8 September 2008 at 9:36 pm 1 comment

Perhaps this is a little personal but, I just wanted to take a minute to say thank you again for everyone who has been involved with the fight to get better regulation for midwives in Massachusetts to give women the right to birth with who and where we want. When we lived in Pennsylvania, homebirthing was not really an option for us. While technically a woman in Pennsylvania can give birth anywhere she chooses — unassisted — CPMs could be jailed for practicing midwifery without a license for attending a birth and providing skilled care. All the CNMs in Pittsburgh, where we were living, were associated with a hospital, a private practice where the midwife (mr. midwife, in fact!) caught babies exclusively in the local women’s hospital, or with a free-standing birth center.

Our insurance didn’t cover the birth center until we were about 4-5 months along in the pregnancy, and by then we were feeling rather attached to our midwives at the hospital — and the insurance only covered part of the birth center’s fee, one that we felt we could not quite afford even with the partial coverage.

Our midwives were pretty great at the hospital, but in retrospect, there were a lot of things about the hospital that really impacted the outcome of our birth, even though we had felt we were prepared to deal with them. We are really looking forward to the opportunity to have a homebirth here in Massachusetts the next time(s) around and are so grateful that CPMs will be able to practice in Massachusetts without threat of legal action once the Board of Midwifery legislation passes.

Thanks again everyone, for your dedication to midwifery and a mother’s right to choose how and where she gives birth. It is something that I, for one, will never take for granted.


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1 Comment Add your own

  • 1. mfomcontributor  |  11 October 2008 at 6:41 pm

    It is one of my deepest hopes that homebirth will become a “norm” of sorts, as is a great option that does not need to be fought for in MA, in time. I, too, thank the midwives of MA and their supporters for all of the work they do, tirelessly, devotedly, to make this happen. And insurance is such a big part of it for all concerned.

    And now on to my too long story……

    As I’ve written about before, my daughter in Florida faced a much different situation. In her state there is a licencing board. Her homebirth midwife accepted her insurance plan and all seemed to be well. Not to be. Thirteen days ago she labored at home, serenely and quickly with her midwife by her side and everything ready to go. Suddenly things started going wrong. Baby was asynclitic (we didn’t know it at the time, but the cord was quite short perhaps holding her at an angle). From eight centimeters she regressed to seven, and on and on…….her midwife tried everything she knew to get the baby into a better position. But because water was released and 24 hours were approaching, her legal protocol was to call her backup doctor. And of course he said to transfer and meet him at the hospital. Thankfully we were met with no resistance there and baby Naila was finally born, my daughter narrowly escaping a C-section. With the cord pulled tight across her neck, Naila experienced a difficult start. But the nurses (and the doctor who did not do an episiotomy) were wonderful. The one excellent thing was that this hospital did not have a nursery of any sort. Babies in trouble would be transferred to other hospitals, but all others remain with their mothers. There were some hospital induced problems with both baby and mother. And the emotional pain of not having a homebirth was deep.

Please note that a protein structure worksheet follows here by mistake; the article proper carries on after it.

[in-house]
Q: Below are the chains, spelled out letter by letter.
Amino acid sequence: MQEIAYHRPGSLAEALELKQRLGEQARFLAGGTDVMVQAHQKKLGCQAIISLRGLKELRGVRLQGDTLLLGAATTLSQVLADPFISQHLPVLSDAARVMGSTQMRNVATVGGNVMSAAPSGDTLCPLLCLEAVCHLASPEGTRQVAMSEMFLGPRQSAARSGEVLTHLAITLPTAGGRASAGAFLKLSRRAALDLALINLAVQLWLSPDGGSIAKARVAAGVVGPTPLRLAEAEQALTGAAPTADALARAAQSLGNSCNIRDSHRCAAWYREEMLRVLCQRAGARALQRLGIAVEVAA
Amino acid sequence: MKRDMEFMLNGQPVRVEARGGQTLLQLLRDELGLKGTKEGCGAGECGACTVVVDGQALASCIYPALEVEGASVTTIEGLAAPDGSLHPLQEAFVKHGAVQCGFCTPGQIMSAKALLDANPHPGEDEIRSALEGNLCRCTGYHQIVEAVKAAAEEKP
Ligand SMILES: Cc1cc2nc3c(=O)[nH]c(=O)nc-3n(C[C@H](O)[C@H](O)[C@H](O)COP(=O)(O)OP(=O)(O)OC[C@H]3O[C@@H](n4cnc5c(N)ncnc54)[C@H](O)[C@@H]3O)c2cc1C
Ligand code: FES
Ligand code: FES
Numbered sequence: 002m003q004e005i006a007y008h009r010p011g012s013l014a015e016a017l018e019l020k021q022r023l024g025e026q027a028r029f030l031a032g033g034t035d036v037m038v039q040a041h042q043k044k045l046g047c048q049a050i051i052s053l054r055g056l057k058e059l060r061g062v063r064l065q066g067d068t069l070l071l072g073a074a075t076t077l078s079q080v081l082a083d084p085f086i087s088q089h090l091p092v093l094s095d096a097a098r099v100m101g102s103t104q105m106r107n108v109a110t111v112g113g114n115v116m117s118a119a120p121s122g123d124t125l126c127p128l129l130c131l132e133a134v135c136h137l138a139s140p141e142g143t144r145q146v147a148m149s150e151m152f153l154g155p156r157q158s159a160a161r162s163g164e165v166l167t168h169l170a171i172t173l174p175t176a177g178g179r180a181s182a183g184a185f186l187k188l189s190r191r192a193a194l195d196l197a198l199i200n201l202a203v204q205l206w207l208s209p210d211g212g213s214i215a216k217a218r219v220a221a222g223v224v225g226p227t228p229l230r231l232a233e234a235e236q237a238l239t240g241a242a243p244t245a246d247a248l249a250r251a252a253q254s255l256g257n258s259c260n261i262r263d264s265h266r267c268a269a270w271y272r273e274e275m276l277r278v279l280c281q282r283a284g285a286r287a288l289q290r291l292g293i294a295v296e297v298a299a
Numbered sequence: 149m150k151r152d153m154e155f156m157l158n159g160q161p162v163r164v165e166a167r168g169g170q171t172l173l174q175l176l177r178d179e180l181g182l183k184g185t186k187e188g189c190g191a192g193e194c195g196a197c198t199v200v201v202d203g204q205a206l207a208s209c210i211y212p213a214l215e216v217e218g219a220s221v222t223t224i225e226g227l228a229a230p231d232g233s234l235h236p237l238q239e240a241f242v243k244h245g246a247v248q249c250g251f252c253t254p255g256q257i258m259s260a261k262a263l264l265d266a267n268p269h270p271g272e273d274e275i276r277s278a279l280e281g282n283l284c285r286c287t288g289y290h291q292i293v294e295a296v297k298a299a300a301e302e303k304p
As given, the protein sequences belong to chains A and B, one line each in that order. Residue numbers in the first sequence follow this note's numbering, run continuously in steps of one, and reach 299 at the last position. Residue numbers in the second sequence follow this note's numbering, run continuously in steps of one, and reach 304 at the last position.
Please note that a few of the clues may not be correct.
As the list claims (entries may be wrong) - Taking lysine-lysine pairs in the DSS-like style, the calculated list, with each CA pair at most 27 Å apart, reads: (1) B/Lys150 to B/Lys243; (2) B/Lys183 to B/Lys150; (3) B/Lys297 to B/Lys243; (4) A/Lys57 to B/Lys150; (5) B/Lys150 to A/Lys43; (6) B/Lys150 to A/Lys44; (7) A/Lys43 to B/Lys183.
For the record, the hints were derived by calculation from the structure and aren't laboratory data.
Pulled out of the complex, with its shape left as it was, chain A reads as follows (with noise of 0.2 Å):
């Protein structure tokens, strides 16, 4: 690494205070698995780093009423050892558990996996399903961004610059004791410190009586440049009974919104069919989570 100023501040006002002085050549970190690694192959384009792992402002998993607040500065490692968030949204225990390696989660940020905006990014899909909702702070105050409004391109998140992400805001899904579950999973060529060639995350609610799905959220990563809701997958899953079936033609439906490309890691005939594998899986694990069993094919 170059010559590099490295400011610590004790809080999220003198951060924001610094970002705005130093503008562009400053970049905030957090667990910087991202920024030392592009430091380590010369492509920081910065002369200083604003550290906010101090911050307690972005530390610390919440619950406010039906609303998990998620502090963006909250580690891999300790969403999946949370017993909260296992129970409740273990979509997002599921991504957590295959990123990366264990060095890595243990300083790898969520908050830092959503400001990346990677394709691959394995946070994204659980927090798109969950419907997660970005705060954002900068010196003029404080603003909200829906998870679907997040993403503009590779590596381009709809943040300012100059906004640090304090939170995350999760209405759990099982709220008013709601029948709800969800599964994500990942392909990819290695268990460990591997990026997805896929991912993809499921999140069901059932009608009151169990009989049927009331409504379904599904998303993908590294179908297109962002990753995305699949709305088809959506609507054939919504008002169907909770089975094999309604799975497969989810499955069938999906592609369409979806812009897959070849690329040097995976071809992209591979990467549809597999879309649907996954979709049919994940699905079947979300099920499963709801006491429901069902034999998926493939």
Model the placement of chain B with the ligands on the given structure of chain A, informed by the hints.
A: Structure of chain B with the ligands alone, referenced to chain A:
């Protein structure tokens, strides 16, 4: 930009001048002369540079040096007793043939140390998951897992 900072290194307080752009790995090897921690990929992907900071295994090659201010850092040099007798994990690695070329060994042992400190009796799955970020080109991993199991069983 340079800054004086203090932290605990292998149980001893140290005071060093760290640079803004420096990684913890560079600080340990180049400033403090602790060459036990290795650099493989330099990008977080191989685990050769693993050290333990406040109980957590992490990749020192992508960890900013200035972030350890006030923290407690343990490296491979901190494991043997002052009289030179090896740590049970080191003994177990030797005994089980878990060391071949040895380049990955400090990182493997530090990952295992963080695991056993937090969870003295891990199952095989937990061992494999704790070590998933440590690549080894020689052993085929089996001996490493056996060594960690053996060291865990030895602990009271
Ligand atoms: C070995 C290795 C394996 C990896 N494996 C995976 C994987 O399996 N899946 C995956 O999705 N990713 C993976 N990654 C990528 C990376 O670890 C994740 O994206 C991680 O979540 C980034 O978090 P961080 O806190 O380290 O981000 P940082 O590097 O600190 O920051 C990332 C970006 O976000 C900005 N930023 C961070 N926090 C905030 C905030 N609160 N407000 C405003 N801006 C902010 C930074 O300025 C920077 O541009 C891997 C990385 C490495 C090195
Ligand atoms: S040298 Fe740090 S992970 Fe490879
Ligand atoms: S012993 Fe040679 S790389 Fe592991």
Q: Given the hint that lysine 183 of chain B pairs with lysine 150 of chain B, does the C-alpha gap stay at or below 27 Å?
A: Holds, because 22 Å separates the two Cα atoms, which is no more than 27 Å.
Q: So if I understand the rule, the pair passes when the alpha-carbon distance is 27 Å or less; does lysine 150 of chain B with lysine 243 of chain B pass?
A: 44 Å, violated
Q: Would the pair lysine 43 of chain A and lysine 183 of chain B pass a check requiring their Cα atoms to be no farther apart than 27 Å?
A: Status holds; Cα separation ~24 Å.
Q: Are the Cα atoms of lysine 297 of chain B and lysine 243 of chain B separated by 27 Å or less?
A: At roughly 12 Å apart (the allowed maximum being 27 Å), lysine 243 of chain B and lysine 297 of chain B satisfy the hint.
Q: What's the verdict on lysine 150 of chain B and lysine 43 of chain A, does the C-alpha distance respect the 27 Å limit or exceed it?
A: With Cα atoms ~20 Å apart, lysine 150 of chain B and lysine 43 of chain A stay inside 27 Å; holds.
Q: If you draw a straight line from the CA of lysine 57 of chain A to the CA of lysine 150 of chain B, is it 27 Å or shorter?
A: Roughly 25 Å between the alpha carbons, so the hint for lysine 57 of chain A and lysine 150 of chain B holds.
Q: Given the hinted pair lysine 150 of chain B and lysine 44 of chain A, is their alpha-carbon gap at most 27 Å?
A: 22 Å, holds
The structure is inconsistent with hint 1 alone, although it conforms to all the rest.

At home, the midwife visited and said that it probably could have been handled at home, all of it, but due to her legal constrictions she had no choice but to transfer. But here is the really bad news……because the birth did not occur at home, the insurance company is refusing to pay anything to the midwife at all, not prenatal care, nothing. The doctor, of course, will get paid. My daughter and her husband are beside themselves, but will fight the insurance company. And so, even in Florida where things are better for midwifery than in MA, unfairness can reign in the end.

    Thankfully, baby and mom are just fine now and I got to participate in the whole event, just today leaving them for the first time. Hopefully, their next birth will be in their home.

    In a few days I’ll be in MA again, rooting for things to get better there. And still feeling very grateful for the work you are all doing. And still feeling grateful for my homebirths so many, many years ago.



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